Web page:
[Updated with latest provisions] Under the recently enacted $2 trillion Coronavirus stimulus bill (CARE) unemployment insurance coverage will be extended and supplemented as follows:
- Under a provision known as the Pandemic Unemployment Assistance (PUA) state-level unemployment insurance will be extended by an additional 13 weeks thanks to federal funding under the CARE stimulus. So state unemployment maximum benefits that normally last 26 weeks for example, would now last up-to 39 weeks. The extended benefits will last through Dec. 31, 2020.
- An additional payment of up to $600 per week on top of the current and extended state UI benefits will be provided through to July 31, 2020.
Eligibility rules have also been expanded to cover more workers, including contractors and those who are self-employed. The extra boost is nearly double the current UI maximum payment in many states (see state level maximums) so has created some controversy whereby some lower income workers may get more via unemployment than through their normal wages.
Do I need to reapply for unemployment benefits with new PUA extension in place? Workers who have exhausted their current benefits will likely need to re-apply for the additional and extended coverage UI benefits now in place via their state UI program website (see list here).
When will the $600 Unemployment Benefit Payment Start?
The additional federally subsidized UI benefit payment will be applied to your current (active) benefit amount once the federal government releases funds to the relevant state UI administration agency. This should start happening from April 2020. Note that if you have already exhausted your current state UI benefits, you will still be eligible for this additional/extra temporary benefits boost as it is funded separately under the stimulus bill.
As of now most state unemployment agencies are still awaiting formal guidance from the Department of Labor (DOL) on the implementation of the new federal provisions and funding. They will need these details to update systems to accommodate mandated changes. As a result state UI agency websites are behind on processing the additional $600 p/week payment. Most are committing to have the updates in place my mid-to-late April. If you already receive UI benefits you will automatically be added to new stimulus programs if eligible and receive these payments as you currently do. Others or newly unemployed will need to (re-)apply for the UI payments.
Will I get the full $600? The $600 is added to whatever amount you are currently getting, whether it’s the minimum or the maximum. So for example even if you are only getting $50 a week in unemployment benefits today you will still get the full $600 through the next four months which is mandated in the stimulus bill.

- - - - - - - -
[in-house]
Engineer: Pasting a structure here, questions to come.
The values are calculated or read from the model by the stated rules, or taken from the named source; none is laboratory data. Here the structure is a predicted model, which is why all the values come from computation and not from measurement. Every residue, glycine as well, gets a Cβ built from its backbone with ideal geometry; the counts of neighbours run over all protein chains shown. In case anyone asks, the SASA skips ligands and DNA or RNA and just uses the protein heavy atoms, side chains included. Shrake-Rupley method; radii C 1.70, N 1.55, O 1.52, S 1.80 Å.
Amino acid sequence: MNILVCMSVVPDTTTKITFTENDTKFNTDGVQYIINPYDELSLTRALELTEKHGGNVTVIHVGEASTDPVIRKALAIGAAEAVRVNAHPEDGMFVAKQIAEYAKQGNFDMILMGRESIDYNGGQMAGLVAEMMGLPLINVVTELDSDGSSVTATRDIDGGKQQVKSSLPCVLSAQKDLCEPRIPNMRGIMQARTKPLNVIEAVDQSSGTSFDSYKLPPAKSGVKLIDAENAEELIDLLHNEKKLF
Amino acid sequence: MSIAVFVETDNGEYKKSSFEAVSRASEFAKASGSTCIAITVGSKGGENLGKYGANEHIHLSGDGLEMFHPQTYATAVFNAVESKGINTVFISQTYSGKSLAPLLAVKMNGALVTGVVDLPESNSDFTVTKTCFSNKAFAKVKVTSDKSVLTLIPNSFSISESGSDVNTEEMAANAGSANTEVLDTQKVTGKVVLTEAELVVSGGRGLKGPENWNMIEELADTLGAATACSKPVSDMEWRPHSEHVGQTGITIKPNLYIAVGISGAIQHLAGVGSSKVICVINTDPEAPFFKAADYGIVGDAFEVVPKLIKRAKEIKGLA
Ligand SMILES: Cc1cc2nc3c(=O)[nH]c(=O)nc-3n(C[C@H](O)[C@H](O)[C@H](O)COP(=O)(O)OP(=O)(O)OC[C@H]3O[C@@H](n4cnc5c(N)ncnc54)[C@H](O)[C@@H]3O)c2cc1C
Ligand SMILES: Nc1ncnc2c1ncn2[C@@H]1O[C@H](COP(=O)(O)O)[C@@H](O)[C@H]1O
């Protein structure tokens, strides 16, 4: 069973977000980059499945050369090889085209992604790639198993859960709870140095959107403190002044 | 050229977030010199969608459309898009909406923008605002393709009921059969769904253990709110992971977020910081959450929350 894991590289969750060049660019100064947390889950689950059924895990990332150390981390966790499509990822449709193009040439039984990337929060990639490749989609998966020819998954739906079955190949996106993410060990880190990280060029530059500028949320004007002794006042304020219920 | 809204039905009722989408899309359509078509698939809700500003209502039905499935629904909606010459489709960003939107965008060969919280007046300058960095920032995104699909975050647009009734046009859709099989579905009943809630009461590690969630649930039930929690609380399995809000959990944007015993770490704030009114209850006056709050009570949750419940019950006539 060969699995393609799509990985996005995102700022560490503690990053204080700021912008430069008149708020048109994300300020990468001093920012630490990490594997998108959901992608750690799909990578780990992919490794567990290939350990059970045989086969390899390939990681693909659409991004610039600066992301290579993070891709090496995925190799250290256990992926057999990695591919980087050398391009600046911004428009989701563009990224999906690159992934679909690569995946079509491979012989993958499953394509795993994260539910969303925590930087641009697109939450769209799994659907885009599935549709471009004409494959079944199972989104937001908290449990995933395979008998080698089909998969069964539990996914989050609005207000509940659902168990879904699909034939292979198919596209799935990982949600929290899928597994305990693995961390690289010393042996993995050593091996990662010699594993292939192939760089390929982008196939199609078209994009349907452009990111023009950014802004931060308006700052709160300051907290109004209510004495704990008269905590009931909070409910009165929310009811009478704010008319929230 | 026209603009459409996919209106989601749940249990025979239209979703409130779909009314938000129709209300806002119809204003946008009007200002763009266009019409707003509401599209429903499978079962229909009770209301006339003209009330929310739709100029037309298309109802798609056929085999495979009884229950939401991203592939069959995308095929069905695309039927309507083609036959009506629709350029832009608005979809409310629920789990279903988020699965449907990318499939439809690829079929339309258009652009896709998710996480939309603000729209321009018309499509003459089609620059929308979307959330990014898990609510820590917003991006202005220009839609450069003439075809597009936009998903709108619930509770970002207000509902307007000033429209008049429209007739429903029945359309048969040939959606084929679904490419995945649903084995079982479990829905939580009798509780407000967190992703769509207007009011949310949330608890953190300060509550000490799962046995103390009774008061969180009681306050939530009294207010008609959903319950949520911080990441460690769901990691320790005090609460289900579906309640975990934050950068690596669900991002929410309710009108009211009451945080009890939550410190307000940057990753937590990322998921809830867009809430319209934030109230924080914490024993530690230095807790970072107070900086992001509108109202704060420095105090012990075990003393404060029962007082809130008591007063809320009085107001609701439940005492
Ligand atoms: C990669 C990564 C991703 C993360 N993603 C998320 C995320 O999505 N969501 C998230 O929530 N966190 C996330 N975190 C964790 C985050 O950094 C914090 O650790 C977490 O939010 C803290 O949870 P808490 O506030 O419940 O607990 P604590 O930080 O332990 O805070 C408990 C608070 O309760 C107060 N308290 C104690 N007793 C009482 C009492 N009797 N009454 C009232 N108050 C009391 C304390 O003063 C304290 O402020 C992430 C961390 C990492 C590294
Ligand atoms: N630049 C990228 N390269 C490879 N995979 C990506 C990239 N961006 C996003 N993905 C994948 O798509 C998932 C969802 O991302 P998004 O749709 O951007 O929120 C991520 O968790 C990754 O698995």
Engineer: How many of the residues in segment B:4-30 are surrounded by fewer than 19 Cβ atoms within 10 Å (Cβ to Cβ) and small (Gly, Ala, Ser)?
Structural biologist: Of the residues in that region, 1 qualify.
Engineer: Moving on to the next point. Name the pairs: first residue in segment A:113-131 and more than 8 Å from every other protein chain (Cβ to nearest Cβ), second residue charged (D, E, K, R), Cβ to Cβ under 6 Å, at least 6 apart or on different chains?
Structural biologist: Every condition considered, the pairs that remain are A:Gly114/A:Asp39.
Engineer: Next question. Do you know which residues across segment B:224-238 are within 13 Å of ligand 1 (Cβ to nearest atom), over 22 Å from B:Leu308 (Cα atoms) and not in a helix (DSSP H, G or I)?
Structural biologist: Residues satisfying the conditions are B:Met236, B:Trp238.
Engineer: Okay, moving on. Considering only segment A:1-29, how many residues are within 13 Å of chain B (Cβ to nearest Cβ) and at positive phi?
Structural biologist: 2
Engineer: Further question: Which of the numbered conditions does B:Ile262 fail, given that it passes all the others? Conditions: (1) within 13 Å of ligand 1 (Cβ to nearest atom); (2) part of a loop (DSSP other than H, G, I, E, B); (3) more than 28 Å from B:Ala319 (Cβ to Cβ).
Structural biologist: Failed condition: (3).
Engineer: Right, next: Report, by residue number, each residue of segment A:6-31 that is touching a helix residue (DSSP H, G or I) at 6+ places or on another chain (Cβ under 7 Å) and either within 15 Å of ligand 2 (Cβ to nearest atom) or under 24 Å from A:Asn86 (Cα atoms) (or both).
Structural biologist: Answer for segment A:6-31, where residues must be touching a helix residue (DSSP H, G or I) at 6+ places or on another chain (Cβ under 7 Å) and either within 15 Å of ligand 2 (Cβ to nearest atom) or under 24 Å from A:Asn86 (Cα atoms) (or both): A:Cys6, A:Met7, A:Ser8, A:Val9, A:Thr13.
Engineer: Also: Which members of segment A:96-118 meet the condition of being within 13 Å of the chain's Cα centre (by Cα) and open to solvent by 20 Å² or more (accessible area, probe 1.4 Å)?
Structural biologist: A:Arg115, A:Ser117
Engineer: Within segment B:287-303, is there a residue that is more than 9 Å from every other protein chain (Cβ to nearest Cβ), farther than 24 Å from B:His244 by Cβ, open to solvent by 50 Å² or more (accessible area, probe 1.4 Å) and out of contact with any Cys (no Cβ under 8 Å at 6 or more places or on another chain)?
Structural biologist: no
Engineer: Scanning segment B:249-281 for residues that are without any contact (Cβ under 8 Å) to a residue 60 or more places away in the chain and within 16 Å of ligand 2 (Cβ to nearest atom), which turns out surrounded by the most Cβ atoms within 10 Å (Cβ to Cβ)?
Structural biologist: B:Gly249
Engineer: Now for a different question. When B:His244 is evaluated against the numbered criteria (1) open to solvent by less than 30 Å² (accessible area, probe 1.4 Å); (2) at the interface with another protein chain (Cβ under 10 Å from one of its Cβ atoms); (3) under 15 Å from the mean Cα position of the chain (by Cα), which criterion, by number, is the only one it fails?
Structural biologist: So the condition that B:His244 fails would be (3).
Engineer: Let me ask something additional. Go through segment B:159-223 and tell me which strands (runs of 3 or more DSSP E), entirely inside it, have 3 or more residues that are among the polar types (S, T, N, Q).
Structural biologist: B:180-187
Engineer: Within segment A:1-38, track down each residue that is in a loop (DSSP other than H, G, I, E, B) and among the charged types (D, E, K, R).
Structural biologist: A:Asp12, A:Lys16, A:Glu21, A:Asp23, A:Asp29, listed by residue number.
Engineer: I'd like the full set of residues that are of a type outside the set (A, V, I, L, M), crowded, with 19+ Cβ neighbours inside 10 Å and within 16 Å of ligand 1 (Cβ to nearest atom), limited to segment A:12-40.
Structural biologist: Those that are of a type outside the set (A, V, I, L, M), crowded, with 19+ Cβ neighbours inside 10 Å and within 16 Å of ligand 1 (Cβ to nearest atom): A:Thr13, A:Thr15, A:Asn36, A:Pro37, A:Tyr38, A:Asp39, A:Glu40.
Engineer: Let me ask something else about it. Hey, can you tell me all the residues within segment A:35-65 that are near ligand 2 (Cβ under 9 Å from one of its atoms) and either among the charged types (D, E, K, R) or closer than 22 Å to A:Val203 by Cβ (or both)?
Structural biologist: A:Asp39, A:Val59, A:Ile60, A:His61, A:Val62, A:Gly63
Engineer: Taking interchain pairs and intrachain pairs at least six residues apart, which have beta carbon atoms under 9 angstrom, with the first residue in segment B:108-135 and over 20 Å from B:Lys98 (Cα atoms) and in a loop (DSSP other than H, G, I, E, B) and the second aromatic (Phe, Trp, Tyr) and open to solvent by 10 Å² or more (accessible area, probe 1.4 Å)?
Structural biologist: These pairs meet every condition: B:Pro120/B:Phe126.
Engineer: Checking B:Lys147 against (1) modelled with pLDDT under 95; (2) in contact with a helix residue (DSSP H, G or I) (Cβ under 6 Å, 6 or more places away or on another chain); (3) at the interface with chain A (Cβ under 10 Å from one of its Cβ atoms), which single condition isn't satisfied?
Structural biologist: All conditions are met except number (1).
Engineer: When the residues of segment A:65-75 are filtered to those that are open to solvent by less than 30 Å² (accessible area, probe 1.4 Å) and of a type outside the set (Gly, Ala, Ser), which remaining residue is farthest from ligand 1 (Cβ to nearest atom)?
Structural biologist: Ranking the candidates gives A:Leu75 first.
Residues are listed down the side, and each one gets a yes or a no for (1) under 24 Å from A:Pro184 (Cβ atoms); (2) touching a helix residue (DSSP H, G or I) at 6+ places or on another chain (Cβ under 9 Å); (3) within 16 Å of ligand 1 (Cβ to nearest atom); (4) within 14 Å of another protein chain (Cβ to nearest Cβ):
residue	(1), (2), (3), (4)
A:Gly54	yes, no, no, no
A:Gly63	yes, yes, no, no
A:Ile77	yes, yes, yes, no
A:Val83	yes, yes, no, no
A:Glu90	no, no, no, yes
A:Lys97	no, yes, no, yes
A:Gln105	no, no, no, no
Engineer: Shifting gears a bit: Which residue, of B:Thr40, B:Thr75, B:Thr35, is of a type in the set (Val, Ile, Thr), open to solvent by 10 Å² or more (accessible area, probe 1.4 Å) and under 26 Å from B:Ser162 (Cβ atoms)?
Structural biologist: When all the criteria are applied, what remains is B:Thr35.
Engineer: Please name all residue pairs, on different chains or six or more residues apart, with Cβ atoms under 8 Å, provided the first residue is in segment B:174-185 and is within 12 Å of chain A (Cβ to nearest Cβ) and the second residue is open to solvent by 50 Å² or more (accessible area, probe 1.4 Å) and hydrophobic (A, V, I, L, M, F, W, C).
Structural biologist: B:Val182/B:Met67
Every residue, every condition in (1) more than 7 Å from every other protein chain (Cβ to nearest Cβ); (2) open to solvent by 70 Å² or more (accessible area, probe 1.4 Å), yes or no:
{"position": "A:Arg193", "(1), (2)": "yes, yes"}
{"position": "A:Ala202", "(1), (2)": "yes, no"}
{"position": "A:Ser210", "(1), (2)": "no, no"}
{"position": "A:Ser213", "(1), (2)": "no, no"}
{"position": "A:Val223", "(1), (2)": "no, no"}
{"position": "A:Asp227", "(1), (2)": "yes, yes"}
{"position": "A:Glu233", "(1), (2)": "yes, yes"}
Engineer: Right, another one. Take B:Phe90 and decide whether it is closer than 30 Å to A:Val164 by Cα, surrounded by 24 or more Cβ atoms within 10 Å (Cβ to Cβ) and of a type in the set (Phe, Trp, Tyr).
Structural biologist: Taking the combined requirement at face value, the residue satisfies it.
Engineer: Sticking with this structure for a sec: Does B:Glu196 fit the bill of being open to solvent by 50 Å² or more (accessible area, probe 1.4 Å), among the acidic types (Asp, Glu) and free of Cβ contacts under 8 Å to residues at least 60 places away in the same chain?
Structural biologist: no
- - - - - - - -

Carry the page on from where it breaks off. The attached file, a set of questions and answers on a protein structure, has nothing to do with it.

Also note that the $600 is paid retroactively. Payments are effective starting with the week ending 4/5/20. So, if it takes your state UI agency until mid-April to actually start the payments, they will be retroactive back to 4/5/20. The $600 only applies to those who are receiving unemployment benefits. If your state said that you don’t qualify for UI, then you do not get the $600 either. The bill also waived the 7 day waiting period for new claims. So you can file as soon as you get laid off or lose income as a self employed person.
With over 2.25 unemployment claims filed in the last week along, America is facing not only a health crisis, but a Jobs one as well.
The recently passed Families First Cronavirus Response Act has resulted in several economic stimulus measures, once of which is Enhanced unemployment benefits. The bill provides $1 billion in 2020 for emergency grants to states for activities related to processing and paying unemployment insurance (UI) benefits.
$500 million of the additional funding would be used to provide immediate additional funding to all states for staffing, technology, systems, and other administrative costs, so long as they met basic requirements about ensuring access to earned benefits for eligible workers.
How unemployment insurance works and how to qualify
It mainly depends on where you live because states administer the Unemployment insurance program. But often get help, per the bill discussed above, from the federal government to bolster the state’s UI program and availability of benefits.
Eligibility and benefits are generally calculated as a percentage of your income over the past year, up to a certain maximum. The benefits or UI payment is between 14 and 26 weeks, but can be extended by supporting federal funds.
States would be required to report on the share of eligible individuals who received UI benefits and the state’s efforts to ensure access within one year of receiving the funding. The funding would be distributed in the same proportions as regular UI administrative funding provided through annual appropriations.
The remaining $500 million would be reserved for emergency grants to states which experienced at least a 10 percent increase in unemployment. Those states would be eligible to receive an additional grant, in the same amount as the initial grant, to assist with costs related to the unemployment spike, and would also be required to take steps to temporarily ease eligibility requirements that might be limiting access to UI during the COVID-19 outbreak, like work search requirements, required waiting periods, and requirements to increase employer UI taxes if they have high layoff rates.
Source: FFCRA bill